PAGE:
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Friday, 11 July 2014

Tiébélé Painted House | Traditional Mud Houses of Burkina Faso

Amazing round village called Tiebele located in the west African country of Burkina Faso, So about 20 km north of the Ghanian border. It occupies an area of ​​approximately 1.2 hectares and Tiébélé is known for their amazing traditional Gourounsi architecture and elaborately decorated walls of their homes. It is inhabited by people of Kassena, who first settled the region in the 15th century, the oldest ethnic group in Burkina Faso. The Kassena people build their houses entirely of local materials: earth, wood and straw. Soil mixed with straw and cow dung is moistened to a state of perfect plasticity, to shape almost vertical surfaces. Today this technique is replaced by the use of mud brick molding walls with foundations resting on large stone. Tiébélé’s houses are built with defense in mind, whether that be against the climate or potential enemies. Walls are over a foot thick and the homes are designed without windows except for a small opening or two to let just enough light in to see. Front doors are only about two feet tall, which keeps the sun out and makes enemies difficult to strike. Roofs are protected with wood ladders that are easily retracted and the local beer (dolo) is brewed at home, people who continue to build on this extraordinary technology. This is a very ancient practice that dates from the sixteenth century AD.

Tiébélé Painted House | Traditional Mud Houses of Burkina Faso
Decoration of houses with frescoes, motivate the people of Kassena and its life and religion, women are engaged in this art work. This is not just decoration - a protection against rain. Dressmakers applied drawings, mixing dirt, chalk and manure. Each color is then polished stones, and at the end of the surface is covered with natural lacquer, specially prepared from the beans. [First Image credit Rita Willaert]

Tiébélé Painted House | Traditional Mud Houses of Burkina Faso
Image credit Rita Willaert

Women Gourounsi have a great manual dexterity and are really very gifted in the use of colors, symbols and traditional forms, since girls are initiated to the art of decoration. The painting is a group activity during a working day from ten to fifteen women complete the decoration of a single room; few realize the designs and provide other painting, food and music The drawings, sometimes in relief, are composed with abstract geometric patterns and stylized figures of animals like crocodiles, lizards, snakes, etc.. Ancestral symbols that depict centuries old, imbued with symbolic meanings associated traditional animism. Each decoration is unique and unrepeatable, although the signs are mythological applicants, the combination of designs and colors every time it is re-interpreted by women who are free to improvise and follow their creativity.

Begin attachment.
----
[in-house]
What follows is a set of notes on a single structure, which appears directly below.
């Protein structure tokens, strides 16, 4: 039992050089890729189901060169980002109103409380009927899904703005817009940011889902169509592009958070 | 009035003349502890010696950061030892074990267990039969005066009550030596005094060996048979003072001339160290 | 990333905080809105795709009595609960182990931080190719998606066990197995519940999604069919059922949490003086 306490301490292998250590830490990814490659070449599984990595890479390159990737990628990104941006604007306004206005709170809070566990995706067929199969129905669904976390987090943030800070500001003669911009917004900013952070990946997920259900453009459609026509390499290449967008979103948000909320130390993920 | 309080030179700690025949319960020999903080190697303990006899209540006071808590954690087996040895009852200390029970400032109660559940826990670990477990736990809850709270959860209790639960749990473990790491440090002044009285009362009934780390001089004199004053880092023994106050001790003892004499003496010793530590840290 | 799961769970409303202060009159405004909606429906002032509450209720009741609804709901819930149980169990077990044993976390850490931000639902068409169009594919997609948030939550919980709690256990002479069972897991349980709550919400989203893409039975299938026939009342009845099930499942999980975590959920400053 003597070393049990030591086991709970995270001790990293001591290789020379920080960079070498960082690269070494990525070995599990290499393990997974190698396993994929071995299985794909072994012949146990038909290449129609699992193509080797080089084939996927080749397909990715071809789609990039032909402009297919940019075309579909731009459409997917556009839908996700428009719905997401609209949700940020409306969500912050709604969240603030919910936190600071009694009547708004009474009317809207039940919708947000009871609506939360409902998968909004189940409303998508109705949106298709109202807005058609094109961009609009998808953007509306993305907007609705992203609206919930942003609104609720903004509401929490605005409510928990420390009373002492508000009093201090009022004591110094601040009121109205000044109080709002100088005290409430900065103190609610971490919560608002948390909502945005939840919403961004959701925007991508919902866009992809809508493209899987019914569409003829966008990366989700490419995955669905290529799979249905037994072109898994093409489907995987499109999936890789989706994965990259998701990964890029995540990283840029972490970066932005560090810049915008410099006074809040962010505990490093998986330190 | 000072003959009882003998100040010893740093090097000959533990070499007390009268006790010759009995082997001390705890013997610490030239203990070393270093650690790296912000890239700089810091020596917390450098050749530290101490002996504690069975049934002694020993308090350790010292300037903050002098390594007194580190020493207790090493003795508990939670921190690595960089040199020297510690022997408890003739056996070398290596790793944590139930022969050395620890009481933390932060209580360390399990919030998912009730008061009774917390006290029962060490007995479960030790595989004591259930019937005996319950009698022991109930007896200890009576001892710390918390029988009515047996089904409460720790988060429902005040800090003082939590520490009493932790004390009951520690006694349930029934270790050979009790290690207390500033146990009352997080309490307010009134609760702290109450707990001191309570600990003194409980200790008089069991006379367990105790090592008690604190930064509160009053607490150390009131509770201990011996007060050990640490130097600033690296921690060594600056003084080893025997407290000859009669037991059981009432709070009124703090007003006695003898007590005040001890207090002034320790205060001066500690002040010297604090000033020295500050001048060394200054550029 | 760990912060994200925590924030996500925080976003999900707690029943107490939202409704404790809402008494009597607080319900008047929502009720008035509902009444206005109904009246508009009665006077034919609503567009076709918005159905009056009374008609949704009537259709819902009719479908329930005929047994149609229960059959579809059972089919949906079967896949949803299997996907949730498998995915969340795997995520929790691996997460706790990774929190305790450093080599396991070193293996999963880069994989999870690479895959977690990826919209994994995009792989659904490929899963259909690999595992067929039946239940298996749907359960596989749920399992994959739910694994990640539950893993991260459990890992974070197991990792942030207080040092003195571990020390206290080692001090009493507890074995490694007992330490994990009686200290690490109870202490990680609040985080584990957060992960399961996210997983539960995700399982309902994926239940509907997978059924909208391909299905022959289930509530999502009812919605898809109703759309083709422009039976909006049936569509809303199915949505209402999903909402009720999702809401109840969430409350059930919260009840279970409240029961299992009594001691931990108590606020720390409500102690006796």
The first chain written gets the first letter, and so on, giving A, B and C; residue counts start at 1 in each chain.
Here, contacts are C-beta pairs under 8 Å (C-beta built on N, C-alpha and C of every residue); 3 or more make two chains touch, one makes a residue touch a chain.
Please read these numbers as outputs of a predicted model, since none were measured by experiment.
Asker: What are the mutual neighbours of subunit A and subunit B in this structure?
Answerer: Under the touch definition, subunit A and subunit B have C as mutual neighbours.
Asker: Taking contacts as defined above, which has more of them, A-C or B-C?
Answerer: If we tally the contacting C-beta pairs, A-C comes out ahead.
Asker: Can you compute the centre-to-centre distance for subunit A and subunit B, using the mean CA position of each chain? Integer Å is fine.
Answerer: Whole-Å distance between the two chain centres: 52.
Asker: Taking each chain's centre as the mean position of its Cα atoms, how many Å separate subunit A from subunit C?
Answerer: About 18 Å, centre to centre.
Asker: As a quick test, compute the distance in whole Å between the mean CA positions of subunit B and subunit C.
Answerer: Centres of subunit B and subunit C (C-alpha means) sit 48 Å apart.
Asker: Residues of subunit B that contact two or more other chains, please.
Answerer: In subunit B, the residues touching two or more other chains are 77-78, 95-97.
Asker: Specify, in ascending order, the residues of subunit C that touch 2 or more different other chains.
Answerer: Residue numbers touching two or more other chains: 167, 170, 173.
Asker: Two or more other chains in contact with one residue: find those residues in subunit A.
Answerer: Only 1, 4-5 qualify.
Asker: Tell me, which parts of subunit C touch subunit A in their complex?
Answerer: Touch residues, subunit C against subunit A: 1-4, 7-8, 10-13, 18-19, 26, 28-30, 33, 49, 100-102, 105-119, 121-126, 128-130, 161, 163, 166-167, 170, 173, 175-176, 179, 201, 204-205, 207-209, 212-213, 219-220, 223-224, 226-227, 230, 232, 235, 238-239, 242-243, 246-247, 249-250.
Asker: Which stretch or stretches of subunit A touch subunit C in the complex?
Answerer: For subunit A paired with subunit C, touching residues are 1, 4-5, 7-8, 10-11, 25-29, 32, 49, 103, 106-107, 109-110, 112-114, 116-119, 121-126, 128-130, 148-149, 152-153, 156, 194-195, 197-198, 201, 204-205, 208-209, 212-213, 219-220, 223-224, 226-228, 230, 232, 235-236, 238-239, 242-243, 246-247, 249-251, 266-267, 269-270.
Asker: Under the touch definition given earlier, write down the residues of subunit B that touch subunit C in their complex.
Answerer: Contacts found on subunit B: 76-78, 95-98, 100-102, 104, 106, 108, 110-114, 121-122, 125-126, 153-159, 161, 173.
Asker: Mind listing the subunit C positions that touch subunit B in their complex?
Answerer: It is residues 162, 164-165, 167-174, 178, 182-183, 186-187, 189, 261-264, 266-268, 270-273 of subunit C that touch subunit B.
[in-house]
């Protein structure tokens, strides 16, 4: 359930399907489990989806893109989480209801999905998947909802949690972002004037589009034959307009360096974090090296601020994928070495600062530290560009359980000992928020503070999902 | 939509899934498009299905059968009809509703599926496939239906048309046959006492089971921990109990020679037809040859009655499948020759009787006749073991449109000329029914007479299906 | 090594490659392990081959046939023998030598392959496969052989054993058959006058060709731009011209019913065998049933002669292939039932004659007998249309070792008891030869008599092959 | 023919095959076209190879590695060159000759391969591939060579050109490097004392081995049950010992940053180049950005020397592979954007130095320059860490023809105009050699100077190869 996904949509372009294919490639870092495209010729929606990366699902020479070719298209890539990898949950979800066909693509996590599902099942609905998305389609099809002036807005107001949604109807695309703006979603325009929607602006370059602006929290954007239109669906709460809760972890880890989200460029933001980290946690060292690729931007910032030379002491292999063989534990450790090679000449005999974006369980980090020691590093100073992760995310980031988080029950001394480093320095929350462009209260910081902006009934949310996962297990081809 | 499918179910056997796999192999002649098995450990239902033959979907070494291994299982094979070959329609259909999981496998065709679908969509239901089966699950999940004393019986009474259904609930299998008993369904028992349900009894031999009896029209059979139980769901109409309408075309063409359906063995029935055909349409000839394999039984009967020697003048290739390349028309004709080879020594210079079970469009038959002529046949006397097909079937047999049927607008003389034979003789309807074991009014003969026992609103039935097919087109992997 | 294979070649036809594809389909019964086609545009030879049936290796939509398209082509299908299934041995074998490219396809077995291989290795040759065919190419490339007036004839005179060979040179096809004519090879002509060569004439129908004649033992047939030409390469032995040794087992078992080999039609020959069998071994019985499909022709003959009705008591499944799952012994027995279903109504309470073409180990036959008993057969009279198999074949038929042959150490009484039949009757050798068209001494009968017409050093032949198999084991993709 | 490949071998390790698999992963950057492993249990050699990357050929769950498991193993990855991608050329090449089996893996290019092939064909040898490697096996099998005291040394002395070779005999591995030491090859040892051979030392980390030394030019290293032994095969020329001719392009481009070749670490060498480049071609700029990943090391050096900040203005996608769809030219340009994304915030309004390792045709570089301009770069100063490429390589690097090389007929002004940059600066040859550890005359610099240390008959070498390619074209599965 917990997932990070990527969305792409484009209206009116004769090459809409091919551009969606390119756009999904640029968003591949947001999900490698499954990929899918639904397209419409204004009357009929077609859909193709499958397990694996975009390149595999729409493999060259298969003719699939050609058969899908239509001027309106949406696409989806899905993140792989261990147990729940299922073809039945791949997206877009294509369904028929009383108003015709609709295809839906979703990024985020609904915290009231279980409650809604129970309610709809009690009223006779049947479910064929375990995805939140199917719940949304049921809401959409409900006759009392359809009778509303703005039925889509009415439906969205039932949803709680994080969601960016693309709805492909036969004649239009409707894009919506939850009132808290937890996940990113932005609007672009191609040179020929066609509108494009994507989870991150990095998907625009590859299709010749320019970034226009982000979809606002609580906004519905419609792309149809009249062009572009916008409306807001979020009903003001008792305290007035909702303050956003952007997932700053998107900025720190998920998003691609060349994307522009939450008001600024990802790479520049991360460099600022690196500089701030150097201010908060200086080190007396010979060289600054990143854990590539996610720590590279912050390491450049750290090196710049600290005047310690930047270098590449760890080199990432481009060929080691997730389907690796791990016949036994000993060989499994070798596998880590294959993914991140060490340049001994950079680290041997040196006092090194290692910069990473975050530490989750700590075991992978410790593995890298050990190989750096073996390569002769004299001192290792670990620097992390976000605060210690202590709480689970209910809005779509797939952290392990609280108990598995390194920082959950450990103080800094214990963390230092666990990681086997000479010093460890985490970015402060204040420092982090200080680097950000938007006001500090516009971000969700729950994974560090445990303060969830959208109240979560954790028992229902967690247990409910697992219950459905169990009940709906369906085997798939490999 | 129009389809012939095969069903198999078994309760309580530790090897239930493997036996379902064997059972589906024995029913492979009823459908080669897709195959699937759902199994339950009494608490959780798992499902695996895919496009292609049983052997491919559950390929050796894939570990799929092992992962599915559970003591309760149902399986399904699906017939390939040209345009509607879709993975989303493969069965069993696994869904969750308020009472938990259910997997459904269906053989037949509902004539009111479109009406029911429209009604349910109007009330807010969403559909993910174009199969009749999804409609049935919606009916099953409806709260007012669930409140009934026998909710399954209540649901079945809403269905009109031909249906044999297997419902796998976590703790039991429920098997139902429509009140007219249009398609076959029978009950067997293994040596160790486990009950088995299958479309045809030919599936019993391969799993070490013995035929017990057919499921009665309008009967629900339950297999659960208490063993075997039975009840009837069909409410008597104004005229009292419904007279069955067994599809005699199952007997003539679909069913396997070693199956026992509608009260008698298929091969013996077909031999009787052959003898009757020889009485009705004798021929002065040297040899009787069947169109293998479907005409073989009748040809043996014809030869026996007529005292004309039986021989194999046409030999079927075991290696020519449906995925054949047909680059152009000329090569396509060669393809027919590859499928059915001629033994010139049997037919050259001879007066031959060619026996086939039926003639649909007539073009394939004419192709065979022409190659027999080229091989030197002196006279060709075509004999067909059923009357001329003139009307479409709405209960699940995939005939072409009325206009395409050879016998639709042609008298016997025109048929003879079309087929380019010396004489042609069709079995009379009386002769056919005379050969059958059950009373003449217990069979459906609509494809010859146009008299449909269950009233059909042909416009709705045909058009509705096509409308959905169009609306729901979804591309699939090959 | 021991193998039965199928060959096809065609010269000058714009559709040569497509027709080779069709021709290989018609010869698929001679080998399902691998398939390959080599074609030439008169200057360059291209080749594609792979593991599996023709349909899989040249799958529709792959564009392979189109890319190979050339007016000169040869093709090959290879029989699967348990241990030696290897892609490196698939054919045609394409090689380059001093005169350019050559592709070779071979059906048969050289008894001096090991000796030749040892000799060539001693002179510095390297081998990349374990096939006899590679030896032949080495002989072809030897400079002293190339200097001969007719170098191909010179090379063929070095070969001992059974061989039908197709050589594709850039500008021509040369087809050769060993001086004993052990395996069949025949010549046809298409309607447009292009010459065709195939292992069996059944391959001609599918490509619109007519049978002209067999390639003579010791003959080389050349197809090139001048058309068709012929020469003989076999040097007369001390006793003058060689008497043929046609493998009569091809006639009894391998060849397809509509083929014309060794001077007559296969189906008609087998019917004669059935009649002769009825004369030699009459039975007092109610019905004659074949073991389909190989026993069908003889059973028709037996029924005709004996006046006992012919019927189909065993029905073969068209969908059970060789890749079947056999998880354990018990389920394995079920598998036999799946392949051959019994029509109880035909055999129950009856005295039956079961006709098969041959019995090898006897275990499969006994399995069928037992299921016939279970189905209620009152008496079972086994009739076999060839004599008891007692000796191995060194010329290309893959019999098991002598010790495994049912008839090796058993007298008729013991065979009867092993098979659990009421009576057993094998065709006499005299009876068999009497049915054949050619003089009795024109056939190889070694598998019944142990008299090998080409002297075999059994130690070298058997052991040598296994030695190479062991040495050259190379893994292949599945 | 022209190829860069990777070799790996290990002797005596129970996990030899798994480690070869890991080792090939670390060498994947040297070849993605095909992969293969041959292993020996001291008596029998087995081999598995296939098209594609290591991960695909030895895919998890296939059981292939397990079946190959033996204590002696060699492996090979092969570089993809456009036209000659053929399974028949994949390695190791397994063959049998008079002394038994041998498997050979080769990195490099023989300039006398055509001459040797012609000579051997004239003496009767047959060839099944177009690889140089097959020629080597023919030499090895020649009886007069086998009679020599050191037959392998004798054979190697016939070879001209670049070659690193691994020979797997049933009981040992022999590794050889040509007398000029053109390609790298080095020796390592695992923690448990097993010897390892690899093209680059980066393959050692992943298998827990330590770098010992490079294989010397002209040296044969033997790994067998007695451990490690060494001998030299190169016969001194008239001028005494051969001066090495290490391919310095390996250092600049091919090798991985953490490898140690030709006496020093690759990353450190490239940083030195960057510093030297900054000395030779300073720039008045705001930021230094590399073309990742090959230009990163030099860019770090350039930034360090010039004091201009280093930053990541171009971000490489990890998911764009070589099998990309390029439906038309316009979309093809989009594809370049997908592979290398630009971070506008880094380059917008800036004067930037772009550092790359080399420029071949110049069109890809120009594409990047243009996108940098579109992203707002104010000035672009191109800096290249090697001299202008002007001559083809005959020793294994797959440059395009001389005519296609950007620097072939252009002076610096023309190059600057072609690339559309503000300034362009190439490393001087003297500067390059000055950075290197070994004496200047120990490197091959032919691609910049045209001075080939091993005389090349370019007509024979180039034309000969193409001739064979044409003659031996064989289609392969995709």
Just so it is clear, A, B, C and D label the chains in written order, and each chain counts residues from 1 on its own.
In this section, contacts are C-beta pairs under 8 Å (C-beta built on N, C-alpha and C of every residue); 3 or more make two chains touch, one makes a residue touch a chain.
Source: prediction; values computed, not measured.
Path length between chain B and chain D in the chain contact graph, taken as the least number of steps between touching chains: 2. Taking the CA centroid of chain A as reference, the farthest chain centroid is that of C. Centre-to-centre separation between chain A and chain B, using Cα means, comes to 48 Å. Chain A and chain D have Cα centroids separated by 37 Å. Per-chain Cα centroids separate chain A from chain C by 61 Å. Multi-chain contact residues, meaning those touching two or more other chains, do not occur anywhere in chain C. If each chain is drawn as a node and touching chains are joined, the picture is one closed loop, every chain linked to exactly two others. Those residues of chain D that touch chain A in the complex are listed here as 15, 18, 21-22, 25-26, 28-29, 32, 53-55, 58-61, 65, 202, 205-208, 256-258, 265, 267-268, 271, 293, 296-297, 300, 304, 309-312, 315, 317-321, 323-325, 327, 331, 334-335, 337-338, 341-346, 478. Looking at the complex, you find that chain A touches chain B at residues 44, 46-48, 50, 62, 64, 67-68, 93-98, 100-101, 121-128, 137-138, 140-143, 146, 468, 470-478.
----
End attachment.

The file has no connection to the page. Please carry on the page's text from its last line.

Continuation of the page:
Tiébélé Painted House | Traditional Mud Houses of Burkina Faso
Image credit Rita Willaert

The colors used are black, white and red, the colors are made using local natural materials such as clay, kaolin and coal. To facilitate the application of color women use improvised brushes formed by guinea fowl feathers, sticks or small stones. The activity is held every year after the season of heavy rains, in conjunction with repairs needed to the walls in clay. In particular Tiebele of Burkina Faso decorations are performed during the annual cultural festival which includes non-stop musical performances and other activities; in such circumstances, the women Tiebele rival in creating wonderful drawings encouraged with the offer of local beer, stopping only to sing and dance with the bands of musicians that run through the narrow streets of the village. The task of women is very laborious and involves numerous stages of work: is first regularized the wall surface with bare hands by applying a mixture of clay and dung Zebu, once dried, the bottom is treated with a layer of laterite red that is used as the basis for the formation of the drawings.  A finished design, are passed through the edges of the figures, everything is finally fixed and polished with a waterproofing treatment produced from the leaves of acacia or butter cartitè. 

Tiébélé Painted House | Traditional Mud Houses of Burkina Faso
Image credit Rita Willaert

Tiébélé Painted House | Traditional Mud Houses of Burkina Faso
Image credit Roberto G.D. Mortarino

Tiébélé Painted House | Traditional Mud Houses of Burkina Faso
Image credit Rita Willaert

Tiébélé Painted House | Traditional Mud Houses of Burkina Faso
Image credit Pépé Gégé

Tiébélé Painted House | Traditional Mud Houses of Burkina Faso
Image credit Pépé Gégé

Tiébélé Painted House | Traditional Mud Houses of Burkina Faso
Image credit Rita Willaert

Tiébélé Painted House | Traditional Mud Houses of Burkina Faso
Image credit Rita Willaert

Tiébélé Painted House | Traditional Mud Houses of Burkina Faso
Image credit Rita Willaert

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